Real-life experience with pegylated interferon and conventional interferon in adjuvant melanoma therapy

Sima Rozati, Lukas Naef, Mitchell P. Levesque, Lars E. French, Reinhard Dummer

Research output: Contribution to journalArticlepeer-review


Interferon (IFN) is the most studied and the only approved adjuvant therapy for melanoma. There are 2 formulations of IFN, conventional IFN and pegylated IFN (peg-IFN), which have been investigated in multiple randomized clinical trials. We have compared the feasibility and tolerability of low-dose conventional IFN and peg-IFN in real life, outside the controlled settings of clinical trials. In this study, we analyzed 99 patients with resected melanoma, who were treated with either conventional IFN (n=48) or with peg-IFN (n=51), retrospectively. The median treatment duration in conventional IFN group was 13.3 versus 16.5 months in peg-IFN (P=0.52). Moreover, patients with peg-IFN tended to have dose reduction or treatment discontinuation due to adverse events (AE) significantly more often. In addition, neutropenia occurred significantly more often in peg-IFN group versus IFN group (n=2; 5% conventional vs. n=16; 36.4% peg-IFN, P=0.00). More than 90% of these patients developed only grade 2 neutropenia and there were no reported infections. We conclude that the 100 μg flat dose peg-IFN, which is commonly referred to as "low-dose," actually represents a higher dose of IFN, which consequently results in more frequent dose reductions and discontinuation of treatment. The use of peg-IFN is certainly more convenient for the patient in terms of application, thus close monitoring, early medical interventions, and dose adjustments to avoid treatment discontinuation are crucial for compliance.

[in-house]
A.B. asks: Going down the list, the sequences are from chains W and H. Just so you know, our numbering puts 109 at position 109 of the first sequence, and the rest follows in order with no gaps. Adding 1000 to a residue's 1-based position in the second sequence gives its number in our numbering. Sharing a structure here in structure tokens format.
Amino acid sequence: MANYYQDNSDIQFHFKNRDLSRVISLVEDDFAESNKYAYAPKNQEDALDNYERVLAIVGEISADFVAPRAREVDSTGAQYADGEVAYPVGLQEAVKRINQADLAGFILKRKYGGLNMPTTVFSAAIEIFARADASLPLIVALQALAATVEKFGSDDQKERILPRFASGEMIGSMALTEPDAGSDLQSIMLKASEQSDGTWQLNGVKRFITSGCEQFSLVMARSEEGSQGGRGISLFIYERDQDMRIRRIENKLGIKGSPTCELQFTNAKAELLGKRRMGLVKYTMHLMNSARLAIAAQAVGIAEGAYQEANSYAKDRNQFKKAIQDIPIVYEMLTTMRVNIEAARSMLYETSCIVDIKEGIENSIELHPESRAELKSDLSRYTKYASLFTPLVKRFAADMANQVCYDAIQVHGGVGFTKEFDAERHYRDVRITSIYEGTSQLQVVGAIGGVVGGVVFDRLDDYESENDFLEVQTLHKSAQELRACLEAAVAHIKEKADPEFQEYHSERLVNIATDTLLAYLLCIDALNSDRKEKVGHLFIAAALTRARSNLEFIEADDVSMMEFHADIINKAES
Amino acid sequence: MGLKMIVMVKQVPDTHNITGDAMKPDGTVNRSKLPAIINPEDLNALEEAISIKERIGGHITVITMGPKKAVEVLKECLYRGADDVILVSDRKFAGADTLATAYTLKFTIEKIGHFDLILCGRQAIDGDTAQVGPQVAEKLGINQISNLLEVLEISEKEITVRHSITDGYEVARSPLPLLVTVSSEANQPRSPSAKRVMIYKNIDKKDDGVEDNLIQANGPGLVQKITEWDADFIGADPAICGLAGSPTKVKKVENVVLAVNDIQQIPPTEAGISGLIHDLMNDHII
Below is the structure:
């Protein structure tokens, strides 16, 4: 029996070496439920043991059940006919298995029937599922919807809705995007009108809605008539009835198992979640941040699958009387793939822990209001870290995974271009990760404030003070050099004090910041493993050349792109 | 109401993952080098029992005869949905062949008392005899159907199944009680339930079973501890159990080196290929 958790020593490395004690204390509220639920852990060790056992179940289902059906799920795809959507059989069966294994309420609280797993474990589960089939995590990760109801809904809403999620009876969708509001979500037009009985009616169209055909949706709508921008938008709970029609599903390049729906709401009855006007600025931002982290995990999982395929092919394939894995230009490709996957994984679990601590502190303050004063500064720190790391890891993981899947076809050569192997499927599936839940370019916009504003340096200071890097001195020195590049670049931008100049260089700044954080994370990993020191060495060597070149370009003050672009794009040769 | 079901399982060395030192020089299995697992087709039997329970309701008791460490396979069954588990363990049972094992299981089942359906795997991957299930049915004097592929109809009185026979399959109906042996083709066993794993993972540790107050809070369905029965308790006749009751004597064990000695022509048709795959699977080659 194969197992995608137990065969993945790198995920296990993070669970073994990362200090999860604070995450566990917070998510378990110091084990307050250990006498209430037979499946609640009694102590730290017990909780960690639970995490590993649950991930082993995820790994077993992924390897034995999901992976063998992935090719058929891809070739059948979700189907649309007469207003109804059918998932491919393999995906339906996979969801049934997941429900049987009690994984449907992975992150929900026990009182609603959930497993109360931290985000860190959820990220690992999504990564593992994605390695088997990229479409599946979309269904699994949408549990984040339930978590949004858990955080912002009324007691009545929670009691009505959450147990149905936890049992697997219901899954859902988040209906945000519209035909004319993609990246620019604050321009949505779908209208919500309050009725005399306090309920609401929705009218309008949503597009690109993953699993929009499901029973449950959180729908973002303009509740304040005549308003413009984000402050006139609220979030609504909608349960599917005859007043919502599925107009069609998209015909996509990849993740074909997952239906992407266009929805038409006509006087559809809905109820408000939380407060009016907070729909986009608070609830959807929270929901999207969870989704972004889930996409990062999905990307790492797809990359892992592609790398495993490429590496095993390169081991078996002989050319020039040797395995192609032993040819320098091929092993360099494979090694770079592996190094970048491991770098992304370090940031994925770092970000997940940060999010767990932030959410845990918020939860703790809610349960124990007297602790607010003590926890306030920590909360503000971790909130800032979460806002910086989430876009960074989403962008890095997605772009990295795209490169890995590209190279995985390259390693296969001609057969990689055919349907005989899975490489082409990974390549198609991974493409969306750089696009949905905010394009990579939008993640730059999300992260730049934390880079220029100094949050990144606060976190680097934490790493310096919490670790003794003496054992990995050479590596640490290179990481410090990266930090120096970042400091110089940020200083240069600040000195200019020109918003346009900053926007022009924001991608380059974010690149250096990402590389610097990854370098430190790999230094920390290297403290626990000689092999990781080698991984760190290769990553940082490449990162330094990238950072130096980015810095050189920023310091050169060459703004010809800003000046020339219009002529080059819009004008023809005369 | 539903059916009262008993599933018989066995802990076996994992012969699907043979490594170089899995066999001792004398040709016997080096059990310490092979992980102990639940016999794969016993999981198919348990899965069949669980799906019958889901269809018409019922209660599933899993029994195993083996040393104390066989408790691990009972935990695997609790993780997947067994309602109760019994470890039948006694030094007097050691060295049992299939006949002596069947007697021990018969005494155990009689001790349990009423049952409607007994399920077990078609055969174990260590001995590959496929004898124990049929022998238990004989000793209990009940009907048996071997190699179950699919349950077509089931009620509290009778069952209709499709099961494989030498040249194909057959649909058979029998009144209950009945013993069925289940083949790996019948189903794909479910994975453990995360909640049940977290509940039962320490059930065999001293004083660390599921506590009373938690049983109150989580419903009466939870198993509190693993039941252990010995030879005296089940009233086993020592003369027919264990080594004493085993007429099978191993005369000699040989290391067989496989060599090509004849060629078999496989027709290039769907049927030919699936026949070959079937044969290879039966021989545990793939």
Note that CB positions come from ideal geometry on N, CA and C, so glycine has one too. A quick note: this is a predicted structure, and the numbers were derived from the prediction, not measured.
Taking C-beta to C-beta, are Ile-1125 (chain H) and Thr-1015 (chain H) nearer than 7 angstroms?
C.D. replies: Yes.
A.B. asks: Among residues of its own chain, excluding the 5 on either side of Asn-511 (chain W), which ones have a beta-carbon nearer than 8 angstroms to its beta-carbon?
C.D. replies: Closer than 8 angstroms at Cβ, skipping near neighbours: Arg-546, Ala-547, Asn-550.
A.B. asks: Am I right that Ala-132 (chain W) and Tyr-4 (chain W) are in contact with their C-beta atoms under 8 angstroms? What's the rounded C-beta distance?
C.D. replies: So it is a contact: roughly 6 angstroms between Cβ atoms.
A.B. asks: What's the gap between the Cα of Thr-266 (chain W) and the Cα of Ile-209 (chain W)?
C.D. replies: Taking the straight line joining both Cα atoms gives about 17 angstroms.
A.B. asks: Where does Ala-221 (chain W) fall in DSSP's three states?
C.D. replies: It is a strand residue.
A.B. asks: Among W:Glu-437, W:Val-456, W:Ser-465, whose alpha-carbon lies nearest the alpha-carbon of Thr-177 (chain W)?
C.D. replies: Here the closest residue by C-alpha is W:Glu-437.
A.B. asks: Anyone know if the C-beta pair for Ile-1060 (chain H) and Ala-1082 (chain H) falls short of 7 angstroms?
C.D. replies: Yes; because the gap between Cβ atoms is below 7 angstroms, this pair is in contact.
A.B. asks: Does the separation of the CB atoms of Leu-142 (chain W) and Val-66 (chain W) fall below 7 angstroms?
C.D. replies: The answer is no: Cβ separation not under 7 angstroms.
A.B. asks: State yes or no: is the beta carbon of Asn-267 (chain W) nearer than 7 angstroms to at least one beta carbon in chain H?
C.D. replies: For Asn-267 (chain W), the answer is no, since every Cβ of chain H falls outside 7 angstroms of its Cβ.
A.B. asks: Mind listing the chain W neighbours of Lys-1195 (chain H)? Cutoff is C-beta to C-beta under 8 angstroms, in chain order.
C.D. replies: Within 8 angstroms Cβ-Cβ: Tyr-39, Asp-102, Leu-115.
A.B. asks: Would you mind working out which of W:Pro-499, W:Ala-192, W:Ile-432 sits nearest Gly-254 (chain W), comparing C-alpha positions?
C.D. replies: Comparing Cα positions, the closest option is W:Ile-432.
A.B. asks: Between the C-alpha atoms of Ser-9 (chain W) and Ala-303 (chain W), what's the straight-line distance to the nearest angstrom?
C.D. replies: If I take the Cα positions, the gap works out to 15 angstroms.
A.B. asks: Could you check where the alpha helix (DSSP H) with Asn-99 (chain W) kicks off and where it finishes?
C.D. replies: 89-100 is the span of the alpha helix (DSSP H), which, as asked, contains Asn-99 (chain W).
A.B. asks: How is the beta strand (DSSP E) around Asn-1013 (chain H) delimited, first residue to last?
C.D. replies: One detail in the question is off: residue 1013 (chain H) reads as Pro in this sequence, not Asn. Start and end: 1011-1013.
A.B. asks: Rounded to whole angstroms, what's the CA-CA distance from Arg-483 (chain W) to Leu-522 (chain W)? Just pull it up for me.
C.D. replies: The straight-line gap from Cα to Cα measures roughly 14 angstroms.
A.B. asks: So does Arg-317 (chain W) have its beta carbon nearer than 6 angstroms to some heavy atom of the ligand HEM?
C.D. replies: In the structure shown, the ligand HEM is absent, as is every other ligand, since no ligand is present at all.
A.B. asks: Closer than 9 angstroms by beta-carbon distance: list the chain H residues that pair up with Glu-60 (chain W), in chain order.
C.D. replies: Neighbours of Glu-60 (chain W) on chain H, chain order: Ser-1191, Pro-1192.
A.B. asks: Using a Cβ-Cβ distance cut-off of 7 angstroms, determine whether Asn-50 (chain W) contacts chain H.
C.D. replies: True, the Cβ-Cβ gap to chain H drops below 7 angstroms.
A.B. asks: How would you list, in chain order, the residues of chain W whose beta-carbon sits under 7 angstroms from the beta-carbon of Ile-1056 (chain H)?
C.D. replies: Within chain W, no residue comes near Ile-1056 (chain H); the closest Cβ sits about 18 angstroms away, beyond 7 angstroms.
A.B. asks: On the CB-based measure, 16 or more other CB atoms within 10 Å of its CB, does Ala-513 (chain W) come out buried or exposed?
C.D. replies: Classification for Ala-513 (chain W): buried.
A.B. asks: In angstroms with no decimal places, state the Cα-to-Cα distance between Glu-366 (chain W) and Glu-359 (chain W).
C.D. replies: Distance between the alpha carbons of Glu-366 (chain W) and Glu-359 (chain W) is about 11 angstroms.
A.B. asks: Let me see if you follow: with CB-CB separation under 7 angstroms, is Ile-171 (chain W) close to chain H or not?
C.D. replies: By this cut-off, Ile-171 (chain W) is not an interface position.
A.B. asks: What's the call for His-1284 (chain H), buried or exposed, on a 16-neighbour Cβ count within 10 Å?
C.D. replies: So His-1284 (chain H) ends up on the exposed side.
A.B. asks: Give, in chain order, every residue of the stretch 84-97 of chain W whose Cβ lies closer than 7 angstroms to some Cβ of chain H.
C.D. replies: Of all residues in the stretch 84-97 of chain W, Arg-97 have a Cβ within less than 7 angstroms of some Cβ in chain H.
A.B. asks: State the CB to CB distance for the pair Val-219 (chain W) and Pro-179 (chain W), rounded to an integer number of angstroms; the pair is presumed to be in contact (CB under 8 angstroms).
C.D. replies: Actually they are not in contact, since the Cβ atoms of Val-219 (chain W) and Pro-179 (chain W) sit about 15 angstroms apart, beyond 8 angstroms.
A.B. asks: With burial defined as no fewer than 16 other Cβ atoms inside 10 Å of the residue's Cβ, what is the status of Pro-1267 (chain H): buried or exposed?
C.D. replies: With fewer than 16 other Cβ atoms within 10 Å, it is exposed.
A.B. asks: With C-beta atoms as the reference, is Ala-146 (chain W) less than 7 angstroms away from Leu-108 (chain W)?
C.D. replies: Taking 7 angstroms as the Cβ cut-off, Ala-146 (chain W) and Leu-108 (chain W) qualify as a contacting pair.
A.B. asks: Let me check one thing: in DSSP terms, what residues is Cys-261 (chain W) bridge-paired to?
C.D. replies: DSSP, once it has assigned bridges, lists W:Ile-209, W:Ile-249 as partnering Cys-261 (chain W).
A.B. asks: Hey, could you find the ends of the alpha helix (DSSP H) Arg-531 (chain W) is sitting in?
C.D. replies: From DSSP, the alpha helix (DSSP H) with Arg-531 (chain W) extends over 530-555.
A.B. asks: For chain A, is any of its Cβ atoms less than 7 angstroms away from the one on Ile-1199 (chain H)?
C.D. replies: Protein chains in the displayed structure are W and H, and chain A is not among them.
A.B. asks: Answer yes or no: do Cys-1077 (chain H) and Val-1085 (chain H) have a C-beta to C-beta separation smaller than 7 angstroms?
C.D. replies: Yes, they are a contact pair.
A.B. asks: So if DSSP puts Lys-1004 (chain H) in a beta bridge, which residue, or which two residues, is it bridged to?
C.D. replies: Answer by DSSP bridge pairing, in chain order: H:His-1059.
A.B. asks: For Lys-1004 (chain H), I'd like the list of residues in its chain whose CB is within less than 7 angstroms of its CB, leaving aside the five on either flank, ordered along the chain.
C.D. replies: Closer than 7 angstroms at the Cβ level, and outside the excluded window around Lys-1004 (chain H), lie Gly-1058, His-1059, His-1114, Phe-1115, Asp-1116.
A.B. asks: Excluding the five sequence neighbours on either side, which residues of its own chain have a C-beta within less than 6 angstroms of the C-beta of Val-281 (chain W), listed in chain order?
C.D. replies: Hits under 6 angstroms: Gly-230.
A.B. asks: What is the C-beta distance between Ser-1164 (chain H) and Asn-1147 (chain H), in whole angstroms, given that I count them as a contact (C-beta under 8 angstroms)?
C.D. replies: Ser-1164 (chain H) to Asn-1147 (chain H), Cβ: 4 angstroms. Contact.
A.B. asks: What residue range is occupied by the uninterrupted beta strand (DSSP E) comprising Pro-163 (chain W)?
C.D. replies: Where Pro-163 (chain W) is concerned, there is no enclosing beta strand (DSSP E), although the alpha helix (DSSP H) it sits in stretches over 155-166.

Original languageEnglish (US)
Pages (from-to)52-56
Number of pages5
JournalJournal of Immunotherapy
Issue number1
StatePublished - Jan 1 2013
Externally publishedYes


  • cancer
  • immunotherapy
  • interferon
  • melanoma
  • pegylated interferon

ASJC Scopus subject areas

  • Immunology and Allergy
  • Immunology
  • Pharmacology
  • Cancer Research


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